You learn a thing or two as the managing director of an advertising agency.
Like what makes a good agency tick.
Like what motivates good people.
Like how it feels when the agency’s heart is in the right place.
I was fortunate enough to be given temporary stewardship of such an agency for six years of my career.
The agency in question was a bona fide challenger shop. It was based in Edinburgh but regularly won pitches against London and international agencies. And its client list was choc full of challenger brands in markets such as beer, cars, banks, soft drinks, media, whisky, you name it.
I must have taken about a hundred staff meetings during that time, covering all sorts of topics, sharing both good news and bad.
In effect, and with hindsight, those staff meetings were a series of all-agency focus groups.
I prepared a discussion guide for each one.
And I observed collective and individual reactions to a range of stimuli and messages.
Here is my debrief of that research.
Here, in reverse order of importance, are the four things that matter most to the staff of a healthy agency.
4. Good news about money
Glad tidings about the financial performance of the agency, glad tidings about pay rises, or glad tidings about bonuses tended to receive a lukewarm reaction. That does not indicate a lack of gratitude or a lack of concern. Rather it is the lukewarm reaction one gets when people’s minimum expectations have been met.
Everyone here is talented.
Everyone works hard.
The output is good.
We’ve done our job. And if management has done its job, why wouldn’t the agency be profitable?
Why wouldn’t we all share in the spoils?
Financial good news is a hygiene factor in a good agency and is treated as such.
3. Good news about new business.
The agency always responded well to pitch wins.
It responded to what we had won, and it responded to whom we had beaten to win it.
Looking forward, what kind of opportunities would this new client afford? (What’s in it for me/us as employees?)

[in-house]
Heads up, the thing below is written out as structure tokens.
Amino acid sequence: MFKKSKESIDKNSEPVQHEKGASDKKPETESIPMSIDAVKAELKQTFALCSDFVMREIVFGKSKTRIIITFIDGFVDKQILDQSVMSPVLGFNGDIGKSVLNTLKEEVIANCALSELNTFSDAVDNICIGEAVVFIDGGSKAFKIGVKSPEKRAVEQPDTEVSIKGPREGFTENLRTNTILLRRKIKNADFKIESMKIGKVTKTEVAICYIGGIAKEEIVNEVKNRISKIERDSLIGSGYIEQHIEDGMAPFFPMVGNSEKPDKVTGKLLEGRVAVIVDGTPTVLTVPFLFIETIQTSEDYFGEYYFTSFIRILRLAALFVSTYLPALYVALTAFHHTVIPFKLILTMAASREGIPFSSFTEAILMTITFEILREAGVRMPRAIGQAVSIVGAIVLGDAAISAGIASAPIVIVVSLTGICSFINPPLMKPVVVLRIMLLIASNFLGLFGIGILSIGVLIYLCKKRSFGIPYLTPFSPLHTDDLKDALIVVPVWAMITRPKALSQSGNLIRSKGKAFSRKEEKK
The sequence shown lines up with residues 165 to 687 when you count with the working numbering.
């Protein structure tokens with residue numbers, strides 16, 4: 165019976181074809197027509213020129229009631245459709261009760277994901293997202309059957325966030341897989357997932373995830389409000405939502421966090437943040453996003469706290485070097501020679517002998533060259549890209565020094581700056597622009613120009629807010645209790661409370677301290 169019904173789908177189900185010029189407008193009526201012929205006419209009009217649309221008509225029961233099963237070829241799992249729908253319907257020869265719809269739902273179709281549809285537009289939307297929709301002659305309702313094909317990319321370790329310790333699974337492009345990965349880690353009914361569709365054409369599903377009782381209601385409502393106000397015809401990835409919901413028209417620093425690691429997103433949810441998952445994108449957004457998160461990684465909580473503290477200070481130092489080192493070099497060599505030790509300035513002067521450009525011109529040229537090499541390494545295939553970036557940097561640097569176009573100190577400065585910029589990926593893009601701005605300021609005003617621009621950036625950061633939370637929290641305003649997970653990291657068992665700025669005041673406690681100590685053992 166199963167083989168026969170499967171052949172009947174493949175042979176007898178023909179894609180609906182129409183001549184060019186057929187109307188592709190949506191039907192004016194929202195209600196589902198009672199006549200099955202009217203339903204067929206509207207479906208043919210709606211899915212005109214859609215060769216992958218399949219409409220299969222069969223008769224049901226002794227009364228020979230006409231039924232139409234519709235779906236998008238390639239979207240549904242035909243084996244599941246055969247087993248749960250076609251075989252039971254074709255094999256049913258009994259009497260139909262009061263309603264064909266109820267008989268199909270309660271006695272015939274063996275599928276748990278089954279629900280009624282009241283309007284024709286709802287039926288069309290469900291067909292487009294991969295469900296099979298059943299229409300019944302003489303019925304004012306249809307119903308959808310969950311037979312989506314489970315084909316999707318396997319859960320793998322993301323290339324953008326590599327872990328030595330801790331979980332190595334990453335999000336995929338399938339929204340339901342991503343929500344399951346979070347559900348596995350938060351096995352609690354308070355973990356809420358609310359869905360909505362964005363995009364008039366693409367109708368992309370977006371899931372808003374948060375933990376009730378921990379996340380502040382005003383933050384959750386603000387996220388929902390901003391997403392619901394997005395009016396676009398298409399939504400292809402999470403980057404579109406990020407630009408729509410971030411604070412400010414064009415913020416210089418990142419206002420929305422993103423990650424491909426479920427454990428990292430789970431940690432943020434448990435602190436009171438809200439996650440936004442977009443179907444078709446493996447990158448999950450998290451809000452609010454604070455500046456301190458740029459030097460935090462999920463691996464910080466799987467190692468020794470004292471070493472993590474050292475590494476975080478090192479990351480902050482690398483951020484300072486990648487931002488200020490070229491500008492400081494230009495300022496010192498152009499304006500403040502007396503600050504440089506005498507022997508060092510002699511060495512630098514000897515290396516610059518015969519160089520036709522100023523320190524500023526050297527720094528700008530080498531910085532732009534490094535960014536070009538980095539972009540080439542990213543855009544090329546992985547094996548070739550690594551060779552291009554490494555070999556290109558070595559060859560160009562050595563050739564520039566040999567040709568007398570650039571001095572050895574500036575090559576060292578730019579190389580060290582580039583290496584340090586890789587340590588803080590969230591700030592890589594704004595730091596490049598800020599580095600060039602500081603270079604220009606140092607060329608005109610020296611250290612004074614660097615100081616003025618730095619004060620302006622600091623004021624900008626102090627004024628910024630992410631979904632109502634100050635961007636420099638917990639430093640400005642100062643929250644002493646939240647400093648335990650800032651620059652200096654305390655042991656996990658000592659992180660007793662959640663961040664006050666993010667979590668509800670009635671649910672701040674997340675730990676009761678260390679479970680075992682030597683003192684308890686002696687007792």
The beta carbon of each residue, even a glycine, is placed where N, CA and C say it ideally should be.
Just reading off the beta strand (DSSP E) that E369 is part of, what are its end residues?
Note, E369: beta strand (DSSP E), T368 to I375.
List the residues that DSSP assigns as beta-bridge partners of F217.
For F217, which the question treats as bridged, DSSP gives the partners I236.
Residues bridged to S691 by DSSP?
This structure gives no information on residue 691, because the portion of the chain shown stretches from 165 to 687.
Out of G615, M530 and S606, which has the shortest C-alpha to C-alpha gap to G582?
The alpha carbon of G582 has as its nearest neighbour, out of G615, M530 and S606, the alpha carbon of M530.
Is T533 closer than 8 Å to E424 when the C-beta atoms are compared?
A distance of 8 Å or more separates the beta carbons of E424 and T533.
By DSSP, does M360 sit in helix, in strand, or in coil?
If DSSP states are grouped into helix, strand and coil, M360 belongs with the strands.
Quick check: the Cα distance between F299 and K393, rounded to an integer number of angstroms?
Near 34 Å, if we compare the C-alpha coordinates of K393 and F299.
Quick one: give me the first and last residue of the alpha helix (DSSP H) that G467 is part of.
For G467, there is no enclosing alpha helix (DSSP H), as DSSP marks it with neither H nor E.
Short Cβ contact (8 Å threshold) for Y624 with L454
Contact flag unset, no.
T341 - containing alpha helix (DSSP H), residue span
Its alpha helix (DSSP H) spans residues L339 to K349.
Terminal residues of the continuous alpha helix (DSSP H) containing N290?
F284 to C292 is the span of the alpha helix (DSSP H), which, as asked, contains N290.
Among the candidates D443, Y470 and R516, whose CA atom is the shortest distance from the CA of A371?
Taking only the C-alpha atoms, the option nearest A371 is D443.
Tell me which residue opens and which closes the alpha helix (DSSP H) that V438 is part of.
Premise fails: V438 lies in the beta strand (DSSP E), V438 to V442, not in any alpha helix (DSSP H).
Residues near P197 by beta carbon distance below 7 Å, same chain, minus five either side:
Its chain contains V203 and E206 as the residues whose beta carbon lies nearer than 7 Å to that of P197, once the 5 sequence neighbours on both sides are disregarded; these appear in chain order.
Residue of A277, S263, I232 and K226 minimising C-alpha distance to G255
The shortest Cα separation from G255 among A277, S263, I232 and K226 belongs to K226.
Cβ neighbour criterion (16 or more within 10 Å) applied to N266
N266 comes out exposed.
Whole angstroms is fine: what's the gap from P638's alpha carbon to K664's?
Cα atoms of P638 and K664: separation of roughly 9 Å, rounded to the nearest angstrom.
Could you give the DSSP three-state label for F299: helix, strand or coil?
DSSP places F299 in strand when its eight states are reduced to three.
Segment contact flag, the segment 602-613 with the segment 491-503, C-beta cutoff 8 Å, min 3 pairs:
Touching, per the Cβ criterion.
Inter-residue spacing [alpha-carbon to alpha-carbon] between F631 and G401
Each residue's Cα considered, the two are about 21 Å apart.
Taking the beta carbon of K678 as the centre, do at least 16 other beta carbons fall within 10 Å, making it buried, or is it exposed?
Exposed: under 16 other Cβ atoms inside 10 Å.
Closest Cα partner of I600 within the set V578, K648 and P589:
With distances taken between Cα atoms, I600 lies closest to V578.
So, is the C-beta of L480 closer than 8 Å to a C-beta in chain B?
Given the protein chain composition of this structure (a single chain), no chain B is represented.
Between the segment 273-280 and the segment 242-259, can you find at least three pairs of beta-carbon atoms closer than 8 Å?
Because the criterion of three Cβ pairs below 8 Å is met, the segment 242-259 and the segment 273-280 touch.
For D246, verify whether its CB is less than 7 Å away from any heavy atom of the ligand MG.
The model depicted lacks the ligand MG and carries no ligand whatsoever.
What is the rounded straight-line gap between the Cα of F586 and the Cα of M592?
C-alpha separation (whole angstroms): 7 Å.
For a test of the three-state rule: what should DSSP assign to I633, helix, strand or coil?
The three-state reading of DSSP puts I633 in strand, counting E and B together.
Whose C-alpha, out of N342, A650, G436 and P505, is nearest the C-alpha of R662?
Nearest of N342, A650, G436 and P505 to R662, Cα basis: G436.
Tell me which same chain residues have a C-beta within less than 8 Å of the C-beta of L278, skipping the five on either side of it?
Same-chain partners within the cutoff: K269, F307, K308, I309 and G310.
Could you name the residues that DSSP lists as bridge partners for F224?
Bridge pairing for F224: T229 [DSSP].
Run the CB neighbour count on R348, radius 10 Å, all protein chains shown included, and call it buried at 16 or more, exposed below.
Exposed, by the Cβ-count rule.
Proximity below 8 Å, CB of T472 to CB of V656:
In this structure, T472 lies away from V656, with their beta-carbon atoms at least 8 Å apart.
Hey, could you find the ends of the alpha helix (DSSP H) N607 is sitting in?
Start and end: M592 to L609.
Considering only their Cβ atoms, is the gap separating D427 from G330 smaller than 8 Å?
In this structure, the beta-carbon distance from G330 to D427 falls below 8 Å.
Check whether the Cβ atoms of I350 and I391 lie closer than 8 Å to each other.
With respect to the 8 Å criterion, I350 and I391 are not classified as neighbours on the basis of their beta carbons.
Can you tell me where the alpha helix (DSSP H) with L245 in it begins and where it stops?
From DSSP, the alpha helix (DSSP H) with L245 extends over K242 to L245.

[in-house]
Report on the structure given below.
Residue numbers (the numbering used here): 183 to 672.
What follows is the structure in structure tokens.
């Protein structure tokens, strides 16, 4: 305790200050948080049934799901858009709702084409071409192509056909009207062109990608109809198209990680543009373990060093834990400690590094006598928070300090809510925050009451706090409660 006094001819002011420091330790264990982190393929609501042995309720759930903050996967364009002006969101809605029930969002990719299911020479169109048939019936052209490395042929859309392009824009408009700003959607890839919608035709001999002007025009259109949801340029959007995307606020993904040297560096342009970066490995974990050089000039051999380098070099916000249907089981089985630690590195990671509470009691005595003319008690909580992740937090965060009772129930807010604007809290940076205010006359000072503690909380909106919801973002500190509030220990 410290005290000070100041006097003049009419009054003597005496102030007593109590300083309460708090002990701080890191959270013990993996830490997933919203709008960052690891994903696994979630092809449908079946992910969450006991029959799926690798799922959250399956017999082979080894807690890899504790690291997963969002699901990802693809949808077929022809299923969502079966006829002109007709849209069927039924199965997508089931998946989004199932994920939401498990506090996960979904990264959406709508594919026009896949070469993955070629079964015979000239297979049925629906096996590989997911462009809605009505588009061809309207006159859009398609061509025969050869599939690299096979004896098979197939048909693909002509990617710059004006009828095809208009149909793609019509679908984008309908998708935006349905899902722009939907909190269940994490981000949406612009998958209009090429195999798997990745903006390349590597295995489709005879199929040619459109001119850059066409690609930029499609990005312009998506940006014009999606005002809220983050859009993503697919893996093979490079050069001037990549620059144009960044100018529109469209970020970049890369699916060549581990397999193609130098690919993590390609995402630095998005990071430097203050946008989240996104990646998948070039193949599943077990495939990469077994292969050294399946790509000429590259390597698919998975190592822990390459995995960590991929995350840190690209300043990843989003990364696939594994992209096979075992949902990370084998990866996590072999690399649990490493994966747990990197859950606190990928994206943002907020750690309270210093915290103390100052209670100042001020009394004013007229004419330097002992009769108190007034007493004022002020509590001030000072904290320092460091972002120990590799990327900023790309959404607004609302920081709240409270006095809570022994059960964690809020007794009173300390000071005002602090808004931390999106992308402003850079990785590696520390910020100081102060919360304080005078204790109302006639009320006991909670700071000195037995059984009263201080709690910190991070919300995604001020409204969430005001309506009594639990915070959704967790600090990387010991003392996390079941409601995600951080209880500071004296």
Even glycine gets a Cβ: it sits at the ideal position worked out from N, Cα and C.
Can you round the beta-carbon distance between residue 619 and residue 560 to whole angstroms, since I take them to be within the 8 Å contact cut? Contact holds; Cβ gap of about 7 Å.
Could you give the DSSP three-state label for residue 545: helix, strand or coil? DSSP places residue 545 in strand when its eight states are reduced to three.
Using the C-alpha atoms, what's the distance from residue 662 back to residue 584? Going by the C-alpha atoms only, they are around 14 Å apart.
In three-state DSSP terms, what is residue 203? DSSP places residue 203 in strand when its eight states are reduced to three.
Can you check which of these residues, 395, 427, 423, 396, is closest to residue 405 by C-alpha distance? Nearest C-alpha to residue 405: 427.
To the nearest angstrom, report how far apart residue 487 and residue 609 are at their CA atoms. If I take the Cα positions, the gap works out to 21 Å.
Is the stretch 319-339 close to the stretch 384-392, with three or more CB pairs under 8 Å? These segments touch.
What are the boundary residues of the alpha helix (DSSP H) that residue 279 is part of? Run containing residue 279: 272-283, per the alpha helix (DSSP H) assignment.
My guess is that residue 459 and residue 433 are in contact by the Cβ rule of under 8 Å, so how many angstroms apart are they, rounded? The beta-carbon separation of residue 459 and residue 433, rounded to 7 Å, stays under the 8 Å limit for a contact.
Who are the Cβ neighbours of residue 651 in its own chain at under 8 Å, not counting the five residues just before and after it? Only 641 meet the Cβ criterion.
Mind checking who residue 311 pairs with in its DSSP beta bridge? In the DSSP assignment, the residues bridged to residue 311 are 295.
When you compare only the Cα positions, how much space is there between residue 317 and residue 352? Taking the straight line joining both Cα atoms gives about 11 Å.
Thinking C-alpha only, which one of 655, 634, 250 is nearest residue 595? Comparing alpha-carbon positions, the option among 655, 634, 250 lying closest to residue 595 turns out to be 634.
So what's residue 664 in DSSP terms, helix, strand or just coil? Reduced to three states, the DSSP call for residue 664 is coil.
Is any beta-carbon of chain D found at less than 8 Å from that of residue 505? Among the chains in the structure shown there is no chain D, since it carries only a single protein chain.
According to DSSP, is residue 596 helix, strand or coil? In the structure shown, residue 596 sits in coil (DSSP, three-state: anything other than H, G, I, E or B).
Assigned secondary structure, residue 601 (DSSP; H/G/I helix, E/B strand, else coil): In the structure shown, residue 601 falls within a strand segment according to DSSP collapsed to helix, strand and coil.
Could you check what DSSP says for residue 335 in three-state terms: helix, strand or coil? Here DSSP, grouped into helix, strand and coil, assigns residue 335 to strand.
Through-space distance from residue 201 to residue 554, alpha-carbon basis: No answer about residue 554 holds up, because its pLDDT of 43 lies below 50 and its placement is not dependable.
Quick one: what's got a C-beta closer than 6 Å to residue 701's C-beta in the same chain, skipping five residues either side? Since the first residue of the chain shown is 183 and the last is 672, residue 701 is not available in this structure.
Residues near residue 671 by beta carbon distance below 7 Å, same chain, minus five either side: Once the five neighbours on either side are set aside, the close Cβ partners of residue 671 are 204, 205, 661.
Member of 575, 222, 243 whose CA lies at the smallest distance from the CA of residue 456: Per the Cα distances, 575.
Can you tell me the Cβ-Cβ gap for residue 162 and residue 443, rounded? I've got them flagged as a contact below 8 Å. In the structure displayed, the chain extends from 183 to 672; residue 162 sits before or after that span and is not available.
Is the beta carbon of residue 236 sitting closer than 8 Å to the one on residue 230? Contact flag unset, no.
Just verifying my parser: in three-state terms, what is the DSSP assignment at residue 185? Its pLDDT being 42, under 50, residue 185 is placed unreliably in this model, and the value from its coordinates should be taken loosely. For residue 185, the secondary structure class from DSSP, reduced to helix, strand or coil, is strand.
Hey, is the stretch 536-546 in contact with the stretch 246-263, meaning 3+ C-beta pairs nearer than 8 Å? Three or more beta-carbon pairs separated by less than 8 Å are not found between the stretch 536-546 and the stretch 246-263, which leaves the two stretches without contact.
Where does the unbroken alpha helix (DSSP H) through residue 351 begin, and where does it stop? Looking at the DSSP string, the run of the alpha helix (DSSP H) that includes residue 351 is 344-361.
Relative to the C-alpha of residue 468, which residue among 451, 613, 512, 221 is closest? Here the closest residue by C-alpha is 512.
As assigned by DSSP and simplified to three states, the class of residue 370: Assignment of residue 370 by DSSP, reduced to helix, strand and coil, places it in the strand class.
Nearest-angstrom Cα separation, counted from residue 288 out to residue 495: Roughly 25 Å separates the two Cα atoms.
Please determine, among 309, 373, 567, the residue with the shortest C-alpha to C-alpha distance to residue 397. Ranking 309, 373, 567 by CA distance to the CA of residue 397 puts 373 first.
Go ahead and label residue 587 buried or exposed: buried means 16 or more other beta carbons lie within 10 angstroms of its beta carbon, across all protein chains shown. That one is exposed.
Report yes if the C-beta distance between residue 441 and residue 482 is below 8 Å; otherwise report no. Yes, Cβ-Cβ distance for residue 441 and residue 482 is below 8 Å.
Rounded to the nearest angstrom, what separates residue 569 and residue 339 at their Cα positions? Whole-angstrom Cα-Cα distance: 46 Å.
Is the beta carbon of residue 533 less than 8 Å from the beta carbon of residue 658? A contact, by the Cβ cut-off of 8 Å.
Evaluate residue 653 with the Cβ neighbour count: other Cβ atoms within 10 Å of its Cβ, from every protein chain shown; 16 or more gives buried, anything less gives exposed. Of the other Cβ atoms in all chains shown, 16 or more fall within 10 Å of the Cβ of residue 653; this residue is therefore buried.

And looking back, against whom had we been weighed, measured and not found wanting? (Affirmation of the calibre of my employer.)
2. Personal recognition and progression.
Loud, heartfelt cheers, always, when individuals were called out for great contributions and when promotions were announced.
It’s a decent acid test of culture, I think, how people react to colleagues and peers doing well.
Of course there will be an element of professional jealousy and that is no bad thing if it is constructively channeled.
But it speaks volumes when the overriding emotion is one of vicarious pleasure. Confident, secure people draw comfort and inspiration when they see evidence that they are working in an environment in which progression is possible or probable, even if it is not their turn this time.
1. Showcasing new work.
By a mile, by a country mile, the best, the warmest, the loudest and the longest lasting reactions were reserved for new work.
(It goes without saying that we only showed work of which we were proud at staff meetings.)
“We did this.” (spoken.)
“And every other agency in the UK is going to be as jealous as hell.” (not spoken but understood and appreciated by everyone in the room.)
The work mattered more than all the other types of good news put together.
The work was our Why as well as our What.
Everything else was about How.
And that is the way it should be if an agency has its purpose, it’s priorities and its people right.